Are Online Banks Trust worthy

Online banks are financial firms that provide banking services mainly or totally through the Internet. Their services range from account opening to bill payments and CD investments. 

Online banks operate 24/7 and offer lower fees, fewer time limits, higher savings and CD rates, and cashback rewards.

The main drawback of Online banks is their exclusive virtual operation: Customers will be unable to deposit or withdraw cash due to this. Some online banks offer ATM services, like Capital One 360, blending physical and virtual operations, widely recognised as online. However, these developments still do not entirely remove the doubt many still have about online banks. 

In this blog post, you will get a very definite understanding of how online banks handle security and if you can trust an online bank to keep your earnings.

FDIC’s role in bank security

In 1933, Congress inaugurated the Federal Deposit Insurance Corporation (FDIC) to keep the country’s banking system stable and the public’s trust in it. This was an urgent and highly needed move because, in the 1920s, spanning into the early 30s, a national bank failure resulted in a severe loss of many American savings.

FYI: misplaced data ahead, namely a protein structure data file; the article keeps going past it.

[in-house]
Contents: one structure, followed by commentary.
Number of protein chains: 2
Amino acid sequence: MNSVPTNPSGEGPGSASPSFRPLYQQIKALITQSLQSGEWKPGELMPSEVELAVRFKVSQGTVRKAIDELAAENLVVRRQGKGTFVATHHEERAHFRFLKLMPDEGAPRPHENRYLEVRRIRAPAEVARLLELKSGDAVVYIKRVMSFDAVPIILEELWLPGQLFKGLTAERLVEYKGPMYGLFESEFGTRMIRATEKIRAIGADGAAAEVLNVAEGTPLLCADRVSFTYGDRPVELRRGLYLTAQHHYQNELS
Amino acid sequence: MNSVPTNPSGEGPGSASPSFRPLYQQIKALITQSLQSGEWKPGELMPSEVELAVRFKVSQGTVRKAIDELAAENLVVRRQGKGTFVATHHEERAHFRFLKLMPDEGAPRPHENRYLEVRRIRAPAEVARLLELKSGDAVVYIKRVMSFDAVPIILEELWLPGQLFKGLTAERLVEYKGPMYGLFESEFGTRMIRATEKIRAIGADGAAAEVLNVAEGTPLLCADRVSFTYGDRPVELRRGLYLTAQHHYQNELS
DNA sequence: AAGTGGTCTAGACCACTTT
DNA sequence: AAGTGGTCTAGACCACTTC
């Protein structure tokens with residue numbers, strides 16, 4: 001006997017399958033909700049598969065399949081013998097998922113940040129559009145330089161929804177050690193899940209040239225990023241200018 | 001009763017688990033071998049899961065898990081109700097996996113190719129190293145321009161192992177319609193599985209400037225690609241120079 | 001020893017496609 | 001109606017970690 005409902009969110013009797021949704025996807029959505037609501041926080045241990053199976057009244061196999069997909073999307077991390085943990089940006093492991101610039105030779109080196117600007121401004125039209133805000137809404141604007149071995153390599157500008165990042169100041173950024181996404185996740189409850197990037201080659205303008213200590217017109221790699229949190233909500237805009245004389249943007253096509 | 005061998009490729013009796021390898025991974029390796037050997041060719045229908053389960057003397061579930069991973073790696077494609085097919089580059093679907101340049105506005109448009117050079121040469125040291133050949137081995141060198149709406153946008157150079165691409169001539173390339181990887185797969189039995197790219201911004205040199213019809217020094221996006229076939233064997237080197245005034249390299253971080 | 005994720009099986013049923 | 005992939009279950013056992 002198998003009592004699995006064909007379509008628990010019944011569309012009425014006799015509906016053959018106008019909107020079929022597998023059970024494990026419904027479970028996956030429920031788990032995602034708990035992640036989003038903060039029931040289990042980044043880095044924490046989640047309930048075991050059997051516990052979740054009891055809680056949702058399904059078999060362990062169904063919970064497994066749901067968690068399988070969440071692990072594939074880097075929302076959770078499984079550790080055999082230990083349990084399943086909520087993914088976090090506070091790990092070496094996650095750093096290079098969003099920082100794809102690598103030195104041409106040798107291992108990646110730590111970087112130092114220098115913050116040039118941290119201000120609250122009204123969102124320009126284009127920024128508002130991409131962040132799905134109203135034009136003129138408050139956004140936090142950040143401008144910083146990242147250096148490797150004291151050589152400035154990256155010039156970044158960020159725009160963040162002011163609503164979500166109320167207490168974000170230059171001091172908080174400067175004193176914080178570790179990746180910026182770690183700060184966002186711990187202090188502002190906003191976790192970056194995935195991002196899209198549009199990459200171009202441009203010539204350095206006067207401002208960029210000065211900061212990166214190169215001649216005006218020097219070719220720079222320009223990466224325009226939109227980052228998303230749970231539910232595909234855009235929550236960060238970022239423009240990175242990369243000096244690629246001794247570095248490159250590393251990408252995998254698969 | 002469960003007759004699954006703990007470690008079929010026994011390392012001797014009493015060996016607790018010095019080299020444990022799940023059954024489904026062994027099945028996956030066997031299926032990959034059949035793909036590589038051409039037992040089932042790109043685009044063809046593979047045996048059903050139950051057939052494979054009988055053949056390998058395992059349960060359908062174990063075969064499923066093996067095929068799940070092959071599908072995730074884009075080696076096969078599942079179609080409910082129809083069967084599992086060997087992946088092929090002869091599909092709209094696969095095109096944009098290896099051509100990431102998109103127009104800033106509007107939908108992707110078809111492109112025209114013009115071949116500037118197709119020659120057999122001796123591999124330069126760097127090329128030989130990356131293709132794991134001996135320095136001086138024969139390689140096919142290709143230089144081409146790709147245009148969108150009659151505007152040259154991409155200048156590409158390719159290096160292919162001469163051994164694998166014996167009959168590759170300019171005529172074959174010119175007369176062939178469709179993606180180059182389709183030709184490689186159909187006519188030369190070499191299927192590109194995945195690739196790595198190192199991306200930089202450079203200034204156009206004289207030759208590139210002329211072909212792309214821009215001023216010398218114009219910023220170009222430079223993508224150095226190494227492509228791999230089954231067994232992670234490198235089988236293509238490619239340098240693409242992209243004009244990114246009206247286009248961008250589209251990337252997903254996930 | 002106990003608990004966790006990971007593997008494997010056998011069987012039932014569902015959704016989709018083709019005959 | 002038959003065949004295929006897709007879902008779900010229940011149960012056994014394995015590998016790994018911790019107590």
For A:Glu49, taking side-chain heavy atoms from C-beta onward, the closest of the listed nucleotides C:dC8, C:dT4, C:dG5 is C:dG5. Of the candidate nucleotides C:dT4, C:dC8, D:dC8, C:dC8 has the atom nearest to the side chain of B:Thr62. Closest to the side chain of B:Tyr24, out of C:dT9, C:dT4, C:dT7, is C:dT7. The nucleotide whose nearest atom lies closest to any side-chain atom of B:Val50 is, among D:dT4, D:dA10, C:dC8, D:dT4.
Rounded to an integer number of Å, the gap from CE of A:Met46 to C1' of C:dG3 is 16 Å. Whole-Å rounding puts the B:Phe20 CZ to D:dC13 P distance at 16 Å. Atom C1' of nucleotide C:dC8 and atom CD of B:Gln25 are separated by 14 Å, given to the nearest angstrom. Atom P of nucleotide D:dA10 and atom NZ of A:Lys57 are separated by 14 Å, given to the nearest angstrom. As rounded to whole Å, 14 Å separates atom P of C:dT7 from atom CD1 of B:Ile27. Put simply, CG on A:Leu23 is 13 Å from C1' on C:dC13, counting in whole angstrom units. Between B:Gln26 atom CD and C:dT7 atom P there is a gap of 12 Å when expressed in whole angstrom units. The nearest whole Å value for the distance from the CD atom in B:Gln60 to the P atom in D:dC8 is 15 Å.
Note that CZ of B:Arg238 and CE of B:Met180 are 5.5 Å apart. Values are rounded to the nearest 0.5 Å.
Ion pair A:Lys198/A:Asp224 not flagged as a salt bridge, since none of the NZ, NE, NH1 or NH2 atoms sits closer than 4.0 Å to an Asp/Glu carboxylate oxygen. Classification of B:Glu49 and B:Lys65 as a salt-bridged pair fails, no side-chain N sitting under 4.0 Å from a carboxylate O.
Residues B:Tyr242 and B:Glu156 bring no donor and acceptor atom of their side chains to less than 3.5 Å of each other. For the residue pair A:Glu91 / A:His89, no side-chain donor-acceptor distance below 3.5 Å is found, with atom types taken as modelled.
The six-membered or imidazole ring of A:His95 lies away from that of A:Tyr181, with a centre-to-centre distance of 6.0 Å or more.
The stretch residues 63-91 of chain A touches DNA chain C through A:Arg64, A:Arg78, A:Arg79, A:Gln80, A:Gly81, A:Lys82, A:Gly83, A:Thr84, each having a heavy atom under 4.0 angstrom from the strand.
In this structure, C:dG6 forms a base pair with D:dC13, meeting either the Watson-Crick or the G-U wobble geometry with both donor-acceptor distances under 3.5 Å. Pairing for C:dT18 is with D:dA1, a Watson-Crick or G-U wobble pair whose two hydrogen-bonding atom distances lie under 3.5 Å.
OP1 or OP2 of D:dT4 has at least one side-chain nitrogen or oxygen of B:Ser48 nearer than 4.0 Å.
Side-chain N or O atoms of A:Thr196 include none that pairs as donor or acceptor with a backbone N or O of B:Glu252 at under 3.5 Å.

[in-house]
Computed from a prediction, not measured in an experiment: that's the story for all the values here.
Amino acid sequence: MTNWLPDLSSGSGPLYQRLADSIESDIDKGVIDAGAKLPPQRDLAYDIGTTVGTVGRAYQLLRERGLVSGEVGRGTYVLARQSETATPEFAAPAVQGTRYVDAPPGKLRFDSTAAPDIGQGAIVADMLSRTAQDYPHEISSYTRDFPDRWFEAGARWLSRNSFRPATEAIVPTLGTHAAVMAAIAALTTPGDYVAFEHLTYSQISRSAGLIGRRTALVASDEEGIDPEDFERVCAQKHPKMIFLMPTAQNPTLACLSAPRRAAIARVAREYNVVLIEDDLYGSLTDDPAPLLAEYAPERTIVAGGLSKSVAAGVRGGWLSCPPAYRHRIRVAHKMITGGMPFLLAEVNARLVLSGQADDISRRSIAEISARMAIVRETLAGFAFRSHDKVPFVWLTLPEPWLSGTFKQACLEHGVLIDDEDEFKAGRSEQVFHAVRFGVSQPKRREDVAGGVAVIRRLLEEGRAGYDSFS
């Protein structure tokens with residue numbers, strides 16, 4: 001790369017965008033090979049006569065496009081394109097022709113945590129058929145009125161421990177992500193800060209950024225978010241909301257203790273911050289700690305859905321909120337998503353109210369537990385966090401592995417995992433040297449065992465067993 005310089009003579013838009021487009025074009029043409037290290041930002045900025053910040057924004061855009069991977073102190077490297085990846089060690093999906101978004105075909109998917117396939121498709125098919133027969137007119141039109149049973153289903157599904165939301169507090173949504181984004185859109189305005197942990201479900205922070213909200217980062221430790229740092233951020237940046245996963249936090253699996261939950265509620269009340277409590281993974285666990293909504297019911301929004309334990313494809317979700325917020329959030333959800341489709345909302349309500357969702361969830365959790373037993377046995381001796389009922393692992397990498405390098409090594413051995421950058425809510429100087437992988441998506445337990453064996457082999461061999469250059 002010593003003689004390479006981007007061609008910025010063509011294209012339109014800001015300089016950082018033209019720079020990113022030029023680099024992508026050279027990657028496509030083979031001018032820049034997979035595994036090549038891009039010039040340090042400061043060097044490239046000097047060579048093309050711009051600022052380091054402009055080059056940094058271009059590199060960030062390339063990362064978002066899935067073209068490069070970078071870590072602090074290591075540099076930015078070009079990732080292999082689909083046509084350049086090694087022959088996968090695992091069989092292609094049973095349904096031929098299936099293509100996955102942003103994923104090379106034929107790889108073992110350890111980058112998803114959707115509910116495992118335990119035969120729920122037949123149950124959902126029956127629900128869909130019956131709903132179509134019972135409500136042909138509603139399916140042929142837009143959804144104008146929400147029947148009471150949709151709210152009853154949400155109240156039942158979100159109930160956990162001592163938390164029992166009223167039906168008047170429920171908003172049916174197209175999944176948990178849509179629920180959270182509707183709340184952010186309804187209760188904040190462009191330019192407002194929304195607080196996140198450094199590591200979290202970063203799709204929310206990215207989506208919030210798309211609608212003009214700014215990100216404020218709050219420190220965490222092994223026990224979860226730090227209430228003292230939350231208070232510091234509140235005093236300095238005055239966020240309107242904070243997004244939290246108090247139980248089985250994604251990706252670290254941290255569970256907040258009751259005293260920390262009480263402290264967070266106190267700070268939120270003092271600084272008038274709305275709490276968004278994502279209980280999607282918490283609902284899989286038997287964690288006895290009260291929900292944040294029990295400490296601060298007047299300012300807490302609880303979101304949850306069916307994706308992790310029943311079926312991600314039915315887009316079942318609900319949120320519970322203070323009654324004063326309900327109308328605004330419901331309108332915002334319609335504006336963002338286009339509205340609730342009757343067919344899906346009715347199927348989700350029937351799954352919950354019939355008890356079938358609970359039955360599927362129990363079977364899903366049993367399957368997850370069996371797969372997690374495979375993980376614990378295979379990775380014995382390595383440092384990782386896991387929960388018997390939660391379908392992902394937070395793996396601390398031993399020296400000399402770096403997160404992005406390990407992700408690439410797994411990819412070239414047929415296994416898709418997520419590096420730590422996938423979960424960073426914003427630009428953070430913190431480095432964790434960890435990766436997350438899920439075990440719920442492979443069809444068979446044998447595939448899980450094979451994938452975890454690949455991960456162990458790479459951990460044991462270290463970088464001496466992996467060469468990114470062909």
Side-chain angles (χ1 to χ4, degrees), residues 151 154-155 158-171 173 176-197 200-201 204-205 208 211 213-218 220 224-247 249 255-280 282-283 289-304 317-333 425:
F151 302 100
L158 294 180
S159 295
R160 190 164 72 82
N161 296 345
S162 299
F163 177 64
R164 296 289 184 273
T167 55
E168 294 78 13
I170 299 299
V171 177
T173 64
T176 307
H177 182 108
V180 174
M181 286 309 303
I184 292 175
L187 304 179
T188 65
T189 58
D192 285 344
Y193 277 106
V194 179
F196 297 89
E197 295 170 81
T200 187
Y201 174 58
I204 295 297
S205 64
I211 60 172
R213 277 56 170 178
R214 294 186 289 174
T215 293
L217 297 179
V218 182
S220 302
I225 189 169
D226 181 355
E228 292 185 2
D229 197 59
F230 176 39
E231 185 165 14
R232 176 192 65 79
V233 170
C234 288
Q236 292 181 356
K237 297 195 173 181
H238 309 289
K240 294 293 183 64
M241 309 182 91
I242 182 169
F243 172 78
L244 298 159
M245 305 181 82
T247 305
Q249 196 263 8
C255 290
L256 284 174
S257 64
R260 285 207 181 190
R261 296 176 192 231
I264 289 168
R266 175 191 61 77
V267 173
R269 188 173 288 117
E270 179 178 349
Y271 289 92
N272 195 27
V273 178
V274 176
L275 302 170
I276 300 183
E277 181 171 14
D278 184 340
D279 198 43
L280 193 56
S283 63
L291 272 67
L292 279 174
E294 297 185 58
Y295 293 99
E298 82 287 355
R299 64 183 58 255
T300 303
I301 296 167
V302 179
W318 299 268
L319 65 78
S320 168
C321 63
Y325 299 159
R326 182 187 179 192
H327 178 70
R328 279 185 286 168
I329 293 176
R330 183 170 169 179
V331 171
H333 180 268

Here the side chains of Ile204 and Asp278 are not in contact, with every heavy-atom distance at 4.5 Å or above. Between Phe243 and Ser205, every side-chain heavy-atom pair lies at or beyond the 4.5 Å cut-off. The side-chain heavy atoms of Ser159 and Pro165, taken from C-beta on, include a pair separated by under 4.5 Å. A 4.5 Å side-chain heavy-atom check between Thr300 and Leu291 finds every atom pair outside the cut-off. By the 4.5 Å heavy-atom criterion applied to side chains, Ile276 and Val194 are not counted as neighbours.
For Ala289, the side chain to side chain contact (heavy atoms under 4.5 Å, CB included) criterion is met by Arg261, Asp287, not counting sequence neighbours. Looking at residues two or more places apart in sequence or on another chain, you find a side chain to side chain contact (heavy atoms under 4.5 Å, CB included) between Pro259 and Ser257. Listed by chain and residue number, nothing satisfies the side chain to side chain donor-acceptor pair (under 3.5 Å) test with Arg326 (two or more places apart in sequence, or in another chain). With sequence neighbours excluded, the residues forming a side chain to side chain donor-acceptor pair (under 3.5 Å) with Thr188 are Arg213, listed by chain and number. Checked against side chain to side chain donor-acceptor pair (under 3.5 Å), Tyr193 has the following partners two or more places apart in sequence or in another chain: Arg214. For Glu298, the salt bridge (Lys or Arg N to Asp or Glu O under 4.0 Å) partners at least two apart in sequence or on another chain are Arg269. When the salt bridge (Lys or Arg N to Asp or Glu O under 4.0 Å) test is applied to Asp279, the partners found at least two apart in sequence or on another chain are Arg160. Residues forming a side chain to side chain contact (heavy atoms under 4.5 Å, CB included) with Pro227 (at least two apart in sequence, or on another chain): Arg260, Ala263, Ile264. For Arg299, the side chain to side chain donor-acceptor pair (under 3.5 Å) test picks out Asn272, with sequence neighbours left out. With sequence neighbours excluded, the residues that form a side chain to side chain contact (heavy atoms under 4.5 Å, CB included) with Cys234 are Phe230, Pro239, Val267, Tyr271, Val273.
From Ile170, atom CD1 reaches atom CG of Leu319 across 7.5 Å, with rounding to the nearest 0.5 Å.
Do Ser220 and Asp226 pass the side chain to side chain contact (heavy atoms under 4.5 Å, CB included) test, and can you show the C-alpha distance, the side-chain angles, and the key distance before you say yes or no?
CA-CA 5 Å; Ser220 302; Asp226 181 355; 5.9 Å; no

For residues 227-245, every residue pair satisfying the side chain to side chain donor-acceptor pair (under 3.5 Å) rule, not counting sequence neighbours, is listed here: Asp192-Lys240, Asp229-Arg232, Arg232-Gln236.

The FDIC has been saddled with the responsibility of Insuring financial institutions, bringing accountability, and increasing customer protection. Part of the duties is to make significant economic issues easily resolvable. Since its inception, the FDIC has proven its capacity over the years by changing the US banking security trajectory. 

Aside from federal government funding, the FDIC collects premiums from its members to cover expenses and compensate depositors at failing banks. The bank deposits the money into a Deposit Insurance Fund (DIF), with banks paying based on insured deposit balances and risk levels.

Related blog post: What are online banks? Features, Drawbacks & Reputable Banks.